Posters – what’s the point?
As we enter the final stages of the marriage equality referendum campaign, our lampposts (certainly in urban areas) are festooned with posters urging a yes or no vote. A variety of organisations, including all of the main political parties, have yes posters in place. There are a smaller number of organisations on the no side, but they have managed to compete in terms of numbers of posters.
If it were a general election we were facing on this week, the postering would be even more intensive, with scarcely a meter of lamppost space available at this stage.
Yet in Britain, where they had a crucial and fiercely fought general election earlier this month, there was hardly a lamppost poster to be seen during the course of the campaign. There were some posters in gardens and some in windows but nothing approaching the scale of postering we see in this country. “If it were not for the media, you would not have known there was a general election on,” one recent Irish visitor commented.
No other country relies on postering to the extent that we do, and indeed many European countries place limits on the number of posters and where they may be placed, restricting them, for instance, to designated municipal hoardings.
Why is it that we continue to poster on such a scale in Ireland and why is it that political parties and campaign organisations continue to rely on such a traditional form of electioneering, especially when there are so many more modern options available for communicating with the electorate?
There are no easy answers to that question. As far as I am aware there is no research available that measures the effectiveness of posters, yet political parties continue to put great faith in them and, at election time, it is a very rare and very brave candidate who will totally opt out of the poster war.
Of course the requirements of a poster for an election can be somewhat different than one for a referendum campaign. At elections the principal objective of the poster will be to get the candidates name across to the electorate and candidates of all parties wage war with their head offices to ensure that their names are bigger than anything else.
Where parties want to promote a particular policy issue they usually use hoardings, either their own home-made ones or purchased space on poster sites or at bus stops or train stations.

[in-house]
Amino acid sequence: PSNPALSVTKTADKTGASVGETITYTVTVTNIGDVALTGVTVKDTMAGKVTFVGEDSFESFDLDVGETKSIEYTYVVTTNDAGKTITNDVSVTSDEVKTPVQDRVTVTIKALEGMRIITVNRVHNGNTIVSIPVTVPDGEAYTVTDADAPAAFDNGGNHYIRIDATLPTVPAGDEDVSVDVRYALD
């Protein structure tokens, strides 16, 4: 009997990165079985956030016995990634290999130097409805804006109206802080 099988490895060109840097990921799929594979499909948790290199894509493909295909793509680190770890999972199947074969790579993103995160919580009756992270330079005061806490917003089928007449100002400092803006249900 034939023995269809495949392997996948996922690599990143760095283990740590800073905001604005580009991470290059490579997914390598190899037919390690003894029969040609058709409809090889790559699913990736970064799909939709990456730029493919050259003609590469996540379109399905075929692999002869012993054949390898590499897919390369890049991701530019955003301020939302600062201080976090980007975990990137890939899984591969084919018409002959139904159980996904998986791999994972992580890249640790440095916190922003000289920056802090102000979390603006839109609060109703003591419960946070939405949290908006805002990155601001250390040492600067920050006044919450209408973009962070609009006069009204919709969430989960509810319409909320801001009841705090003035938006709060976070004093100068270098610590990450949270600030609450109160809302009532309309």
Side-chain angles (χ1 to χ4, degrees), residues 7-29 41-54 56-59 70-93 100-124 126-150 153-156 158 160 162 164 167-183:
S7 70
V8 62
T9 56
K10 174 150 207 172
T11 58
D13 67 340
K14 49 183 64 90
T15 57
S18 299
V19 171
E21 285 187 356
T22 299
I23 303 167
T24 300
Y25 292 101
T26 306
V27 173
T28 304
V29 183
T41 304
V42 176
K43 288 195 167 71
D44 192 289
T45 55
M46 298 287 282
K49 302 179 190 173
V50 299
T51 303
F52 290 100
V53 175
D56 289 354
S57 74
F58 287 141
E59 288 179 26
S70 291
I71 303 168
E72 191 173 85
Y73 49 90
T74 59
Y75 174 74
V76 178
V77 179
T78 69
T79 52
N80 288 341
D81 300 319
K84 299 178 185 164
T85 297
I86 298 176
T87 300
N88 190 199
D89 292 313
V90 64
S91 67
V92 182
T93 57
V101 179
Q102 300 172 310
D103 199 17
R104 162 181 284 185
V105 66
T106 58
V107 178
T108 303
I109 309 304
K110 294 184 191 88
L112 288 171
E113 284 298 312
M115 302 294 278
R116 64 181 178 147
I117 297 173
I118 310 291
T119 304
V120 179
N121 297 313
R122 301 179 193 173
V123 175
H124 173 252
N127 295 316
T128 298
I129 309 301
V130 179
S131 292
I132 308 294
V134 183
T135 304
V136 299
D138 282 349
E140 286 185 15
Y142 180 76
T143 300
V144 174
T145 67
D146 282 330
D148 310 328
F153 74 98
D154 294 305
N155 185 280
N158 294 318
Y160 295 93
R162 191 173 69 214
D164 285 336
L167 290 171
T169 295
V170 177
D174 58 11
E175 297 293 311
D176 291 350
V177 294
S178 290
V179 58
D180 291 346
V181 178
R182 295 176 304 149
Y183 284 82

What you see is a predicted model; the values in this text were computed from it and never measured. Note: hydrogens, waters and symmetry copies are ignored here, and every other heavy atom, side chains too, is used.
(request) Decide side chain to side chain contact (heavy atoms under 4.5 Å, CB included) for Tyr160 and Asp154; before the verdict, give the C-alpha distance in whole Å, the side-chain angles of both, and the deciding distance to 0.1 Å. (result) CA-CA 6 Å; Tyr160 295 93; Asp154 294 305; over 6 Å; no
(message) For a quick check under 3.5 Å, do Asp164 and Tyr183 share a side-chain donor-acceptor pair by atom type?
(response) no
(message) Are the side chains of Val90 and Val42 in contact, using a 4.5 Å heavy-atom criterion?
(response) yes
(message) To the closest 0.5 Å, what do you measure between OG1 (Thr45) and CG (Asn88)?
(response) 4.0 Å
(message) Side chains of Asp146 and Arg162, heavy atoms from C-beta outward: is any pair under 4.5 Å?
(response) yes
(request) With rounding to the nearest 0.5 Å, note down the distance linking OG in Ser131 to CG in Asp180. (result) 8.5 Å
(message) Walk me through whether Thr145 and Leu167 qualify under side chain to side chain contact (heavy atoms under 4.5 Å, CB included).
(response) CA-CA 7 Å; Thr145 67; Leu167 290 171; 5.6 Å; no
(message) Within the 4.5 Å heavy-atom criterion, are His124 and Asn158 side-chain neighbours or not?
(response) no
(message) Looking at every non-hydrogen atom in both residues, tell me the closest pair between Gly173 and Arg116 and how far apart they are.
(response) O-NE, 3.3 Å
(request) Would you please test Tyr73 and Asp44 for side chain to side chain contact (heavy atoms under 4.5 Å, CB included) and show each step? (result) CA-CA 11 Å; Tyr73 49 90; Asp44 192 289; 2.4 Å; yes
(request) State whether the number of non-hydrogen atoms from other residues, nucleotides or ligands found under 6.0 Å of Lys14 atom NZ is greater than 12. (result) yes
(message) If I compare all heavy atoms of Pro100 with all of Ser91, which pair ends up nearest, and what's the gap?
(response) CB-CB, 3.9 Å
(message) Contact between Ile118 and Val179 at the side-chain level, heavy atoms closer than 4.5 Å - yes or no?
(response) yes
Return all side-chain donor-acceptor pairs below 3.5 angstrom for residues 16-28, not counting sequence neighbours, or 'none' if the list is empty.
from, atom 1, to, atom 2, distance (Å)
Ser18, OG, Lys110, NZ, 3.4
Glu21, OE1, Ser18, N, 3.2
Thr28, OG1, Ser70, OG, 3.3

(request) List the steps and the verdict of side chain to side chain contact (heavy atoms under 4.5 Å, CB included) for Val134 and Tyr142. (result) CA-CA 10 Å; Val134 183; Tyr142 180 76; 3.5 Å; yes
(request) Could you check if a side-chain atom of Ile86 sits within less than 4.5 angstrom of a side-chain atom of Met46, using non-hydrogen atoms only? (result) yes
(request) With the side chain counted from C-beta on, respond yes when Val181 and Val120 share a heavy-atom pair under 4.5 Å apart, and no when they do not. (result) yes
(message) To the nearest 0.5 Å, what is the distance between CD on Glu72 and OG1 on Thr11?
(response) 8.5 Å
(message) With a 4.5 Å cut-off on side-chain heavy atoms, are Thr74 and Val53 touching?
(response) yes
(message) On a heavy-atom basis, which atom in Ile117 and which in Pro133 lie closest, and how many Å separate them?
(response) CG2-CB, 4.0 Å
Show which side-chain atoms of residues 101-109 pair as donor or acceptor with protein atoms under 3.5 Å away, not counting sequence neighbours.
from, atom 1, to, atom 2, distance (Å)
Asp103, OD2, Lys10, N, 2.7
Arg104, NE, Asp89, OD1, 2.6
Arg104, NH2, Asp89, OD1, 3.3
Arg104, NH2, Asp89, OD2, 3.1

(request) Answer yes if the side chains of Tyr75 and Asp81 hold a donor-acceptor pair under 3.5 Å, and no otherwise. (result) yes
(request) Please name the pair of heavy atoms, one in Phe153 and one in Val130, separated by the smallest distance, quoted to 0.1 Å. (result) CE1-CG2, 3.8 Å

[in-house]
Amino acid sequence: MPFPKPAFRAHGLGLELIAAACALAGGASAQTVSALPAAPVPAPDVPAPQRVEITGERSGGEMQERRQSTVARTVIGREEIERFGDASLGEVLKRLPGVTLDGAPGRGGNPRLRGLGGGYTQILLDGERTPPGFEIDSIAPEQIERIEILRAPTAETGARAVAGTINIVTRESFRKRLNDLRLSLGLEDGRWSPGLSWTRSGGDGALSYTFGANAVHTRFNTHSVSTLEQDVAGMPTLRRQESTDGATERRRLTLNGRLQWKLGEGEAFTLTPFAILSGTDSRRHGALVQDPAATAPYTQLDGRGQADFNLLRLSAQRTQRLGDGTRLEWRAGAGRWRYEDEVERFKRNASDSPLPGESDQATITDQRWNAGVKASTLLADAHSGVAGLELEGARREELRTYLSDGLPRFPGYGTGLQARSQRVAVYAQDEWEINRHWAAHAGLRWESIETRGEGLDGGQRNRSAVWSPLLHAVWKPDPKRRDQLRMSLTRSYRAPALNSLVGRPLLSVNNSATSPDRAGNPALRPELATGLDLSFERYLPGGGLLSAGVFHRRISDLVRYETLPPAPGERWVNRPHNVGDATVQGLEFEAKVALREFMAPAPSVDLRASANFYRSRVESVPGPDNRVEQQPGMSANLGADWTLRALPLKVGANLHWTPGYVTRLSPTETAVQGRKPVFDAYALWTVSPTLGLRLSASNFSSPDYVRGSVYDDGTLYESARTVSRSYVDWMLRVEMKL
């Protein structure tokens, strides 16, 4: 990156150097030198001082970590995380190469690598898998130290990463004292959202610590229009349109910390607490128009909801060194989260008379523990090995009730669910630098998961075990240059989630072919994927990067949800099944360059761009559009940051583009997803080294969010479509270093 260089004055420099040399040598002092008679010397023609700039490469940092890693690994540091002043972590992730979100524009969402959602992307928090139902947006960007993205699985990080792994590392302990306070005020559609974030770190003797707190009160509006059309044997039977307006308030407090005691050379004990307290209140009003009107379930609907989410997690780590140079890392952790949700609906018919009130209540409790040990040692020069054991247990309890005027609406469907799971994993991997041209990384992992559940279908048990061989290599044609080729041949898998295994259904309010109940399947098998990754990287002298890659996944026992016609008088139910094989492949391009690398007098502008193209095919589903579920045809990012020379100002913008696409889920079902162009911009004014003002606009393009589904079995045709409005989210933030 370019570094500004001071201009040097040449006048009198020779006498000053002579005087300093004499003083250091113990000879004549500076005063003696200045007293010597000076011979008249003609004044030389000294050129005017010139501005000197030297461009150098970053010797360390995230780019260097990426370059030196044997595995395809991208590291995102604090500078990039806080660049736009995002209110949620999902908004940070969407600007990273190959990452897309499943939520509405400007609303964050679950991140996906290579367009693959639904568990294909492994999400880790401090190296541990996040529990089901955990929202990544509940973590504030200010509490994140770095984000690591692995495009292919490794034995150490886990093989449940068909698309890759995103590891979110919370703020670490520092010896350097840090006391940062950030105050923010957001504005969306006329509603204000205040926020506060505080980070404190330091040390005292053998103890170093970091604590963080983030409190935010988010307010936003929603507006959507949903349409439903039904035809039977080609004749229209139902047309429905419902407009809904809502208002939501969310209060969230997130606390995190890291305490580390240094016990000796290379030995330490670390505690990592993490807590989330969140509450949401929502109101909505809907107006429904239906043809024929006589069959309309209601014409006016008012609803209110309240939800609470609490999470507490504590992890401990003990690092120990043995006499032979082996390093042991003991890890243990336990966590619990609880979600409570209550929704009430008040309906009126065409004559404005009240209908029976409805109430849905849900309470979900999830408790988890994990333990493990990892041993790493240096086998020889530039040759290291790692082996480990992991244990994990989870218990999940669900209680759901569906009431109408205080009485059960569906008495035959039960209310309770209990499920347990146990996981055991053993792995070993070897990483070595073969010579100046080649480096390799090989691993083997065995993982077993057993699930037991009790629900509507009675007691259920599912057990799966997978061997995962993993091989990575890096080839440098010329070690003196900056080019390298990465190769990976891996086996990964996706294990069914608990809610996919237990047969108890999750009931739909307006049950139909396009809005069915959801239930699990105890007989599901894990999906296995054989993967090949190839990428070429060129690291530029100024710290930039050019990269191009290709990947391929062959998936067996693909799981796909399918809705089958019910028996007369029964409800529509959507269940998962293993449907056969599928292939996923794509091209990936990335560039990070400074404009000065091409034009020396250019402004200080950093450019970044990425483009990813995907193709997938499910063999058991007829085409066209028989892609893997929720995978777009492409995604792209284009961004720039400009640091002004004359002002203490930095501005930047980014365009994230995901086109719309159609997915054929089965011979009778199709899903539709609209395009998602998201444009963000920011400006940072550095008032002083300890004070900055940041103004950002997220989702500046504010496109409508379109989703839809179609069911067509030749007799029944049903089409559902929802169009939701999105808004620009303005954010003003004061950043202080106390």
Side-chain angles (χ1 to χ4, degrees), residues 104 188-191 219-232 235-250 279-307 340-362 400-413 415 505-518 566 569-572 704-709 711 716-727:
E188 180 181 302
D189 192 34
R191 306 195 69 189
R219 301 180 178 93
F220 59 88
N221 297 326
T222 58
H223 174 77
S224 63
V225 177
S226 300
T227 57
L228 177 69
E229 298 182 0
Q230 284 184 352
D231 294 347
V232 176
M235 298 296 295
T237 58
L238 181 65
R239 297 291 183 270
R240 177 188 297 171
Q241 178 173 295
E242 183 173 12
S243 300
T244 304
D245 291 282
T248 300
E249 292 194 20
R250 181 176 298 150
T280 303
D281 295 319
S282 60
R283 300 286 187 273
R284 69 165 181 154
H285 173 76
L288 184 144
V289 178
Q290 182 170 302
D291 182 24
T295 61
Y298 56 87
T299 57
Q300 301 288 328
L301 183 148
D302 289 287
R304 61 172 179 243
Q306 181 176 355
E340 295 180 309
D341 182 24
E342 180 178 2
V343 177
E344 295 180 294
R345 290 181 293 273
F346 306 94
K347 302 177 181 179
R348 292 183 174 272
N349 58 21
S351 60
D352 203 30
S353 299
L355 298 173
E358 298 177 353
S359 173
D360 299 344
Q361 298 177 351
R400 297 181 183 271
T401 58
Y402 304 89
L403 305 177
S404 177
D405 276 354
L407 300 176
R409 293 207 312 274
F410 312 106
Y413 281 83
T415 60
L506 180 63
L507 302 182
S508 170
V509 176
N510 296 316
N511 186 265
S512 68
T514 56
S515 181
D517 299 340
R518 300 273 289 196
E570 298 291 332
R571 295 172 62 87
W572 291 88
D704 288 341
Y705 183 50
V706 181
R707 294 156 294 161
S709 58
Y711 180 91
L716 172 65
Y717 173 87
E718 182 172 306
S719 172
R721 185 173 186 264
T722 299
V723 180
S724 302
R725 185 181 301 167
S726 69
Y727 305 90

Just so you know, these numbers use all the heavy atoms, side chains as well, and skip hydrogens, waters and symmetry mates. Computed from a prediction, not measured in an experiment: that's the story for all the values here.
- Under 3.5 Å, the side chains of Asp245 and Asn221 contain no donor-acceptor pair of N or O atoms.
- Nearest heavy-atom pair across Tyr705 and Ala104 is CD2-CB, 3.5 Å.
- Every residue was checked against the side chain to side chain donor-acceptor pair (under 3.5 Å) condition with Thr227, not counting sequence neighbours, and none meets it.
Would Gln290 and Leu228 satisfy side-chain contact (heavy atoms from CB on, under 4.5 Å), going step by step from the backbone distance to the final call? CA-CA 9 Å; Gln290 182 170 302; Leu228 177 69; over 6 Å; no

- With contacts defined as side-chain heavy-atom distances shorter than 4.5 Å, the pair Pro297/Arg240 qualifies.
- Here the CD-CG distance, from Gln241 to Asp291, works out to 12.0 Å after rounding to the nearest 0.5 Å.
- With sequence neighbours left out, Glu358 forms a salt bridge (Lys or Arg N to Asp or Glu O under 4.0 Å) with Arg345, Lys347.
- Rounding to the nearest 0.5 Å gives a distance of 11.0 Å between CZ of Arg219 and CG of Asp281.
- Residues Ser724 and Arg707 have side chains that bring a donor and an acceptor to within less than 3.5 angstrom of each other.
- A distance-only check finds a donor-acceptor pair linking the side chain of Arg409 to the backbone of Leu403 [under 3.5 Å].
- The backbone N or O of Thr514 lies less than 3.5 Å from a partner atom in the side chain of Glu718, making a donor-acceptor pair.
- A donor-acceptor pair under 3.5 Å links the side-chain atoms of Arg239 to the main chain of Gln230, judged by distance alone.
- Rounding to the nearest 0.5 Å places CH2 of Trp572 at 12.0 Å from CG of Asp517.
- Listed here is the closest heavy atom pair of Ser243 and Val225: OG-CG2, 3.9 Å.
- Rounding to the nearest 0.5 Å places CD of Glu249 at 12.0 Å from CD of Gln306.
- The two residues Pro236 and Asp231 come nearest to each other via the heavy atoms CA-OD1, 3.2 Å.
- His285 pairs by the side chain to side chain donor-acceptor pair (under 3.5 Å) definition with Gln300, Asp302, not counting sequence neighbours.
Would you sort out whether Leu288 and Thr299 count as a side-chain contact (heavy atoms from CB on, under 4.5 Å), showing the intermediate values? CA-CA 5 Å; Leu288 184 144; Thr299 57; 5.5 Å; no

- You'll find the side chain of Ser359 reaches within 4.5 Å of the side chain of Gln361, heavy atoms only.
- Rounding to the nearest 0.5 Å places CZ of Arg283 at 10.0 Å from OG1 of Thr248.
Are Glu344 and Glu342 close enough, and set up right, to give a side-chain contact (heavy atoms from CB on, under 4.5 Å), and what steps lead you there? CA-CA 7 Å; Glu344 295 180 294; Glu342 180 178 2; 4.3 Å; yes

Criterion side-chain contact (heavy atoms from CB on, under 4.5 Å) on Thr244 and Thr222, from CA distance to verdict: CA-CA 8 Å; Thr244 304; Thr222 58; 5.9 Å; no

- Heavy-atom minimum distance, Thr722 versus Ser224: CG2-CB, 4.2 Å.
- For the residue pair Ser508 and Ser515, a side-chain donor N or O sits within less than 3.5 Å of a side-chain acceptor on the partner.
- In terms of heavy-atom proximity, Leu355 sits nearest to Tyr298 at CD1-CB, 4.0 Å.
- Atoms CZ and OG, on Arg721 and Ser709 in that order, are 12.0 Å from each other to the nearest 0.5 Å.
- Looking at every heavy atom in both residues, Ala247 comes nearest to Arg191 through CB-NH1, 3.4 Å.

In a referendum campaign the aim of the poster is clearly to persuade the electorate to vote for or against the proposition. Having been involved over many years in referendum campaigns for and against constitutional amendments, it is my experience that designing a poster to encourage a no vote is simpler than designing one to promote a yes vote.
In the current referendum campaign most of the political parties have gone for a fairly straightforward design and produced posters aimed principally at mobilising their own political supporters to come out and vote on polling day. Opponents of the amendment have produced posters that are generally more colourful, with stronger visual images and which contain claims that certainly their opponents would regard as controversial.
There is nothing new about opponents of an amendment producing controversial posters – those old enough will remember the ‘Hello divorce, goodbye daddy’ poster from the 1995 divorce referendum. Controversial posters will normally draw attacks from opponents, creating controversy and generating additional news coverage.
Postering is an expensive business. The unit cost of a standard corrieboard poster is now about €4. At least corrieboard is durable. Up to the 1990s when everyone depended on cardboard posters, weeks of work could be wiped out by one wet and windy night. Corrieboard is also recyclable and most organisations do remove them with a view to using them again, but the ugly and dangerous plastic ties used with them remain an environmental problem.
Some people certainly consider posters to be a waste of money and suggest they should be prohibited. However, banning posters is unlikely to reduce expenditure at elections or referendums and any money saved in this way would simply be diverted into other forms of electioneering.
Whatever about its long term future, postering is likely remain a feature of Irish elections and referendums for the foreseeable future. Although we are still almost twelve months out from an election I suspect that all Irish political parties will have already bought up their supplies of corrieboard for that contest.
For those interested in the evolution of Irish election posters, the National Library of Ireland has a fine collection going back over many decades. In addition the Irish election literature website has a truly extensive collection of posters and leaflets available on line, ranging from the good to the bad to the scarcely believable.
Image taken from www.Indendent.ie.